Flags.Unset(ref flags, WS_THICKFRAME);
    together with
    Flags.Unset(ref flags, WS_CAPTION);


    1. Thank you for the follow-up information about Windows 10, I really appreciate that. Do you know if it should only be executed on Windows 10 platforms, or is it backwards compatible with Windows 7 (and others)?

  3. This looks really good! I’m thinking about using this for future games. Have you you heard about any issues people have had with it? Also, thanks Vladimir for the windows 10 update 🙂

    1. When I enable the “Auto Graphics API for Windows” checkbox in the PlayerSettings and fiddle with the DisplayModes / resolutions in a build, weird things start to happen.

      1. In a non-native, smaller resolution, going from fullscreen –> windowed, the screen stays black until you switch to another resolution. (updating the window again)
      2. Going from a non-native, smaller resolution in displaymode windowed/borderless —> seems to scale the window/viewport incorrectly. (Camera only shows small part of screen, cursor gets offset that gets greater as you move it down the screen)

      Screenshot for reference:

      I’m confused as to why this would be the case, and the only possible conclusion I’ve been able to reach so far is that Unity does something weird when you turn it on. To ensure it was not due to a specific Direct3D version, I’ve tried all 3 options seperatly (and together) but they all function like they should. I’ve looked through the some of the microsoft docs & ResolutionController script, trying to fiddle with it. So far I haven’t had any success in spotting/solving the issue.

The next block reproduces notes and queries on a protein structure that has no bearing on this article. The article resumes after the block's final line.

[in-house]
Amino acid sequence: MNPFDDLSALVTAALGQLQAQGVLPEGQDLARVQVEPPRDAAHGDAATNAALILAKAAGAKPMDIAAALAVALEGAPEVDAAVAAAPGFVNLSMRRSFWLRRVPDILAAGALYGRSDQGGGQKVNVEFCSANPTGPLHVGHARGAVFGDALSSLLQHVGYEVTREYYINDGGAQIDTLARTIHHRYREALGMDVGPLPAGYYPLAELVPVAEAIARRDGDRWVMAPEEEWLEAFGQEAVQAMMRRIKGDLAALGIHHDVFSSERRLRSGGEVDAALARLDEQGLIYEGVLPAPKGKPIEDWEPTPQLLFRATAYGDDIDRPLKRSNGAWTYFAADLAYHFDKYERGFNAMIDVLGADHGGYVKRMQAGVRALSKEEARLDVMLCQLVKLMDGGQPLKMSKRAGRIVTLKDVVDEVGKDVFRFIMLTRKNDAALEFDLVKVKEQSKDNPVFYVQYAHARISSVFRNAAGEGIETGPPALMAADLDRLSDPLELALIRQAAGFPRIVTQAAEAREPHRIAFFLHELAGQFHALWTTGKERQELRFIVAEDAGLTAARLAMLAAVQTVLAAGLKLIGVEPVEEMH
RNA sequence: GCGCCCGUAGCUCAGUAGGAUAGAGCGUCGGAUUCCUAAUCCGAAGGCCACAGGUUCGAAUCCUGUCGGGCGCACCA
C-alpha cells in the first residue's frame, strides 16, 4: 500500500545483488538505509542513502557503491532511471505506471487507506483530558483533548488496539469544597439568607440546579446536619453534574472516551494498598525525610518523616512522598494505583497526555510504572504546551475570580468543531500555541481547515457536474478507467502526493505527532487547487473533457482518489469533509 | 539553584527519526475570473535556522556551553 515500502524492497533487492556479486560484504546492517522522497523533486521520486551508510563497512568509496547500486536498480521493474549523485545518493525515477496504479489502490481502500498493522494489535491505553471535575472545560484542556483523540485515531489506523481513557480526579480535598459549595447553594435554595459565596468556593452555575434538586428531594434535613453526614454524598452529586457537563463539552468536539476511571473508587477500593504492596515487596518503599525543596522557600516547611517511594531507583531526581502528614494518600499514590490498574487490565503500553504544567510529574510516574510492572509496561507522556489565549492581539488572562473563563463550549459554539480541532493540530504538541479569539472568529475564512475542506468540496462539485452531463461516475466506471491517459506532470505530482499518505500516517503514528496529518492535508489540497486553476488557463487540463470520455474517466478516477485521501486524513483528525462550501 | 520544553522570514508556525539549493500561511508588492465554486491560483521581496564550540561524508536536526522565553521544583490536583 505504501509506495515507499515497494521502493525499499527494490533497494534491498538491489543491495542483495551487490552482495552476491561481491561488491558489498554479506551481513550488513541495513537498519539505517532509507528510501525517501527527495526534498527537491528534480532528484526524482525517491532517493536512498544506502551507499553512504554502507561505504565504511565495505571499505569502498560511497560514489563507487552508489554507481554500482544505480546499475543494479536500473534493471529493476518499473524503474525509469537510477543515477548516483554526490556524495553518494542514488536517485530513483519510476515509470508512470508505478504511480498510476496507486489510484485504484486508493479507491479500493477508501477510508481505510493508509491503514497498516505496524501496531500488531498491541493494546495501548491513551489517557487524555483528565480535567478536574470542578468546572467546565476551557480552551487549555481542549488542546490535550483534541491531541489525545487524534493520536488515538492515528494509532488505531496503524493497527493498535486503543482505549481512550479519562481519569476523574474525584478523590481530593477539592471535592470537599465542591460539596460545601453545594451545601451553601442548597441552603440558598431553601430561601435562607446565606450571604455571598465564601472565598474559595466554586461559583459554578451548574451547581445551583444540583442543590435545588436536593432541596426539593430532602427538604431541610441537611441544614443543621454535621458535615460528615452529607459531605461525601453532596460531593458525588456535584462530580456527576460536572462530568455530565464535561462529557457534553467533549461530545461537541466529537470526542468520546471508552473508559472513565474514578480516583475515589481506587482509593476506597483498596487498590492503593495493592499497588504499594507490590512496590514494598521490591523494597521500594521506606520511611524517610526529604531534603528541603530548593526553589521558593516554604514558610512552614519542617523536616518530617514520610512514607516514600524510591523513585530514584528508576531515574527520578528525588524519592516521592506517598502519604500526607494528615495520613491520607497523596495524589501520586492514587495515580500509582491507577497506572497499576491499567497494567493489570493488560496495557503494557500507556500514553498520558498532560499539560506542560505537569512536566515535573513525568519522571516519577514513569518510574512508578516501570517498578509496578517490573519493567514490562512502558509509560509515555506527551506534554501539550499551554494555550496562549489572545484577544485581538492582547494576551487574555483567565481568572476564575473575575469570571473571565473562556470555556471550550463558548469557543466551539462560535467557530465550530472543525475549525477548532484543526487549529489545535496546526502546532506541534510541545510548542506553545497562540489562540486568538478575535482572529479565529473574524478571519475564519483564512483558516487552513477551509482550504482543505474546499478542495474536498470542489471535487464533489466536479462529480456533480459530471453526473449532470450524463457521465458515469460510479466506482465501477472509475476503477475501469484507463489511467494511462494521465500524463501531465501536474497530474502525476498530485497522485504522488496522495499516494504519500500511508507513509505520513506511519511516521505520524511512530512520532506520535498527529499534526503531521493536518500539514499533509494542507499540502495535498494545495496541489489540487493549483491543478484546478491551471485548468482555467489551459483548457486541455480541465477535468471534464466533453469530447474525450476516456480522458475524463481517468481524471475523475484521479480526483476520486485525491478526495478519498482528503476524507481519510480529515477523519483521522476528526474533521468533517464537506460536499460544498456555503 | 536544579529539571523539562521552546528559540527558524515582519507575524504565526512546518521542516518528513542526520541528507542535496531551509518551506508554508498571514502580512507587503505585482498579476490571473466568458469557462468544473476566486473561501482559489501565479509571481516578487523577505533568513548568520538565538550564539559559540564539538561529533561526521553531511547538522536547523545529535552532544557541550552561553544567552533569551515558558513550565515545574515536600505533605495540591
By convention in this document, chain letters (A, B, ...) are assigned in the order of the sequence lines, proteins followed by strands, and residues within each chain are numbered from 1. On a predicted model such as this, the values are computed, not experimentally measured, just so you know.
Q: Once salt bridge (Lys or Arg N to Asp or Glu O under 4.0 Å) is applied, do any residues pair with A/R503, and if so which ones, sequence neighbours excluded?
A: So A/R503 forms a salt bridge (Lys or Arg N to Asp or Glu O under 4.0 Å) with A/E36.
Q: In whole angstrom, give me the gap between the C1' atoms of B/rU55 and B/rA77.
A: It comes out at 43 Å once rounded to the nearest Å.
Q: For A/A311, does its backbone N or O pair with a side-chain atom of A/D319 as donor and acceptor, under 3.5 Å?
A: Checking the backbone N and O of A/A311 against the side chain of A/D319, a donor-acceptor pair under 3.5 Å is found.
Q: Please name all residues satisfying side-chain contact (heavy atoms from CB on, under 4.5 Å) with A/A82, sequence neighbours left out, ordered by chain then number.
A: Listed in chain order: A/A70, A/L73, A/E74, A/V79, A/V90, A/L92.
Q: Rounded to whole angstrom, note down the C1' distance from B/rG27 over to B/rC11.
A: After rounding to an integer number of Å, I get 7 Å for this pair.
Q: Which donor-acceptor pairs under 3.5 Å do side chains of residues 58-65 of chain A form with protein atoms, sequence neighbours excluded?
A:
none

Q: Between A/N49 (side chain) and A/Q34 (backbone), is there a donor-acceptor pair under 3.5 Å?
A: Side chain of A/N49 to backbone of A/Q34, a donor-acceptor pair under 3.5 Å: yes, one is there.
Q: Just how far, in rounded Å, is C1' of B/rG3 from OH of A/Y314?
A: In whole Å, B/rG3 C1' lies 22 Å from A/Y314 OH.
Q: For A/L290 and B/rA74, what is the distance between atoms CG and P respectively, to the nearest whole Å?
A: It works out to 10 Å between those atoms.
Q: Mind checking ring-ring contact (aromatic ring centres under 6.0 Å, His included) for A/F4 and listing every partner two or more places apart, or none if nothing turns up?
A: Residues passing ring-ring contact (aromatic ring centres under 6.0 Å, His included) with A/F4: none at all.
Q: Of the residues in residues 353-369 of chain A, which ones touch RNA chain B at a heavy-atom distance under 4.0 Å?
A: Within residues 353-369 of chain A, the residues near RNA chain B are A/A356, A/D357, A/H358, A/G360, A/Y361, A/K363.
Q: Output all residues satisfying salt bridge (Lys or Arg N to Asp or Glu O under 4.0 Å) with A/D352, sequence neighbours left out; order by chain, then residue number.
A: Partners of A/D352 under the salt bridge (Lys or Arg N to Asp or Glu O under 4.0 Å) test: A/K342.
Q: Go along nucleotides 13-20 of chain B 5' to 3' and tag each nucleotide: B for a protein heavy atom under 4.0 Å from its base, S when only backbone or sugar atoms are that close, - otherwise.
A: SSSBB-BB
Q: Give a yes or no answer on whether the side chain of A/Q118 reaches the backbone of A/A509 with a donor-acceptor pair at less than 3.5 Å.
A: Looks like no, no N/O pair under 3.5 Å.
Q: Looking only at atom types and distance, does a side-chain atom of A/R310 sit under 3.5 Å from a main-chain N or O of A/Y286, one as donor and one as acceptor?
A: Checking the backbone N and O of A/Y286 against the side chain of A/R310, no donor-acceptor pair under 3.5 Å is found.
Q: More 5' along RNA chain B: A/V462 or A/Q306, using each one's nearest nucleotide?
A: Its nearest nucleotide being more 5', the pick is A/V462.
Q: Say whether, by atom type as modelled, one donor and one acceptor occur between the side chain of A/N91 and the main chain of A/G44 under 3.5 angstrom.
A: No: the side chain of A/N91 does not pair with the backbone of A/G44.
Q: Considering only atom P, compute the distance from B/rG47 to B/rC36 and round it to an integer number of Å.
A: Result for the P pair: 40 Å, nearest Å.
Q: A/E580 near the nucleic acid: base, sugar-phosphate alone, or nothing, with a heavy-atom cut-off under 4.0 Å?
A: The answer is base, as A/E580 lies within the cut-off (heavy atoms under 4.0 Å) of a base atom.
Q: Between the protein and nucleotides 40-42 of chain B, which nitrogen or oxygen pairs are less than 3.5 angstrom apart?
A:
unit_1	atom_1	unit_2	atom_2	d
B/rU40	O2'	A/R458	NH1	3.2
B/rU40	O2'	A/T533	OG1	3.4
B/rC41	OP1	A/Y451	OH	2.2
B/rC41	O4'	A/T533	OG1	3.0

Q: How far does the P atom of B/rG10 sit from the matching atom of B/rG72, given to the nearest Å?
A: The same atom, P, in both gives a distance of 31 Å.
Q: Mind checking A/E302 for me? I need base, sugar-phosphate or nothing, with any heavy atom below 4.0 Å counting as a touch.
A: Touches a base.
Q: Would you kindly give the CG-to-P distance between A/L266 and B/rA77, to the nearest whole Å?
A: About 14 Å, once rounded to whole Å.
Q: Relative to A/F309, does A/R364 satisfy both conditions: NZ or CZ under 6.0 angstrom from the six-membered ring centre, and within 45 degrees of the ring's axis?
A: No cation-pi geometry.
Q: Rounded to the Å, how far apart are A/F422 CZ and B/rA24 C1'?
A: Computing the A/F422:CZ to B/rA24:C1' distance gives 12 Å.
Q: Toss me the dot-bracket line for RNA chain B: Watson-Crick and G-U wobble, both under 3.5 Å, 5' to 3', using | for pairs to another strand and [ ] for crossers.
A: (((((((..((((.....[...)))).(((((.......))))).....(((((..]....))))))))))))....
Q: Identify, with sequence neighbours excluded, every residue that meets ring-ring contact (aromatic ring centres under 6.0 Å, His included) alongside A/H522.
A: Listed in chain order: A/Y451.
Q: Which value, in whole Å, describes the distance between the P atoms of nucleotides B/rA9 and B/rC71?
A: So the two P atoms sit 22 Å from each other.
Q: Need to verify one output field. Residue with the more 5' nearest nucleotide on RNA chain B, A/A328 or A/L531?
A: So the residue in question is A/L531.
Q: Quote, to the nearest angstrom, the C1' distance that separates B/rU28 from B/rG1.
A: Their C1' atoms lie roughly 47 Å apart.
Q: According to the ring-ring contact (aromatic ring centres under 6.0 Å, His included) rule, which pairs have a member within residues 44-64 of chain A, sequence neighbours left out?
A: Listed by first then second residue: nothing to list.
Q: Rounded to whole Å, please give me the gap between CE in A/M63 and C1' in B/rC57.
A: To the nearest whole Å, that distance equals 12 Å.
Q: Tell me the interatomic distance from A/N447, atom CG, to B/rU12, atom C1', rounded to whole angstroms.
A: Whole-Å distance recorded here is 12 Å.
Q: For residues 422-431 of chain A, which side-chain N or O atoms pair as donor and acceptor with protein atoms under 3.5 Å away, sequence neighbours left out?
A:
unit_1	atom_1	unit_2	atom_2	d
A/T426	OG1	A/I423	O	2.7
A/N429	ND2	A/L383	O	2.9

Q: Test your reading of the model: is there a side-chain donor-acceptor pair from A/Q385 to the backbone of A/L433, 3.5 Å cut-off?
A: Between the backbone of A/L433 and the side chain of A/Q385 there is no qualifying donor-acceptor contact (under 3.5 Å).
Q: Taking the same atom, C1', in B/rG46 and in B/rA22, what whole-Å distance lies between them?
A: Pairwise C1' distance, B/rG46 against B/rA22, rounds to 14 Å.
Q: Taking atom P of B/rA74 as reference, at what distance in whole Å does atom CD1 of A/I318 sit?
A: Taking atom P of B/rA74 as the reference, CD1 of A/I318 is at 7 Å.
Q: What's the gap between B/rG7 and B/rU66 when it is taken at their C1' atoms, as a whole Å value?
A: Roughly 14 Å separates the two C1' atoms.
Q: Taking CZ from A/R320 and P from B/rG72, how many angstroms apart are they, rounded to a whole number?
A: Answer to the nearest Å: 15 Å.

Do you have any idea what could be causing this?

      1. Hello!
        We had the same issue. It was caused by a bug in Unity engine. I need to say that Unity 5.2.0+ is full of small issues and Unity team with every minor version break something regarding the screen mode switching (and there are many other problems too). Good news is that the latest 5.2.2p4 patch release seems to resolve these issues (I didn’t use DX12, but for DX9 and DX11 it works fine). A few days ago Unity 5.2.3 was released, but we didn’t try it yet, but it also includes a fix from 5.2.2 patches regarding the screen mode switching issue:
        “Fixed render being positioned and sized incorrectly in D3D9 and D3D11 with Fullscreen Window mode.”

        Our game VoidExpanse has been played by more than 20k players and we never heard any complains about the borderless mode – it works just perfect – until Windows 10 came out (my fix described above) and we’ve upgraded to Unity 5.2.0.


        1. I’ve just confirmed it’s also fixed for 5.2.3f1 as expected, thanks for the fast response.

          ps. your game looks pretty cool! Good to hear that this has been used in the wild. It will probably help with me pitching it to my colleagues 🙂

  4. Unity now supports Exclusive Fullscreen in D3D 11. Unfortunately your game will probably crash if it loses focus.

    This demo — which works great in D3D 9 — has the same problem as our game in D3D 11, it will generally become unresponsive and have to be killed from the Task Manager. /huge sigh/

Comments are closed.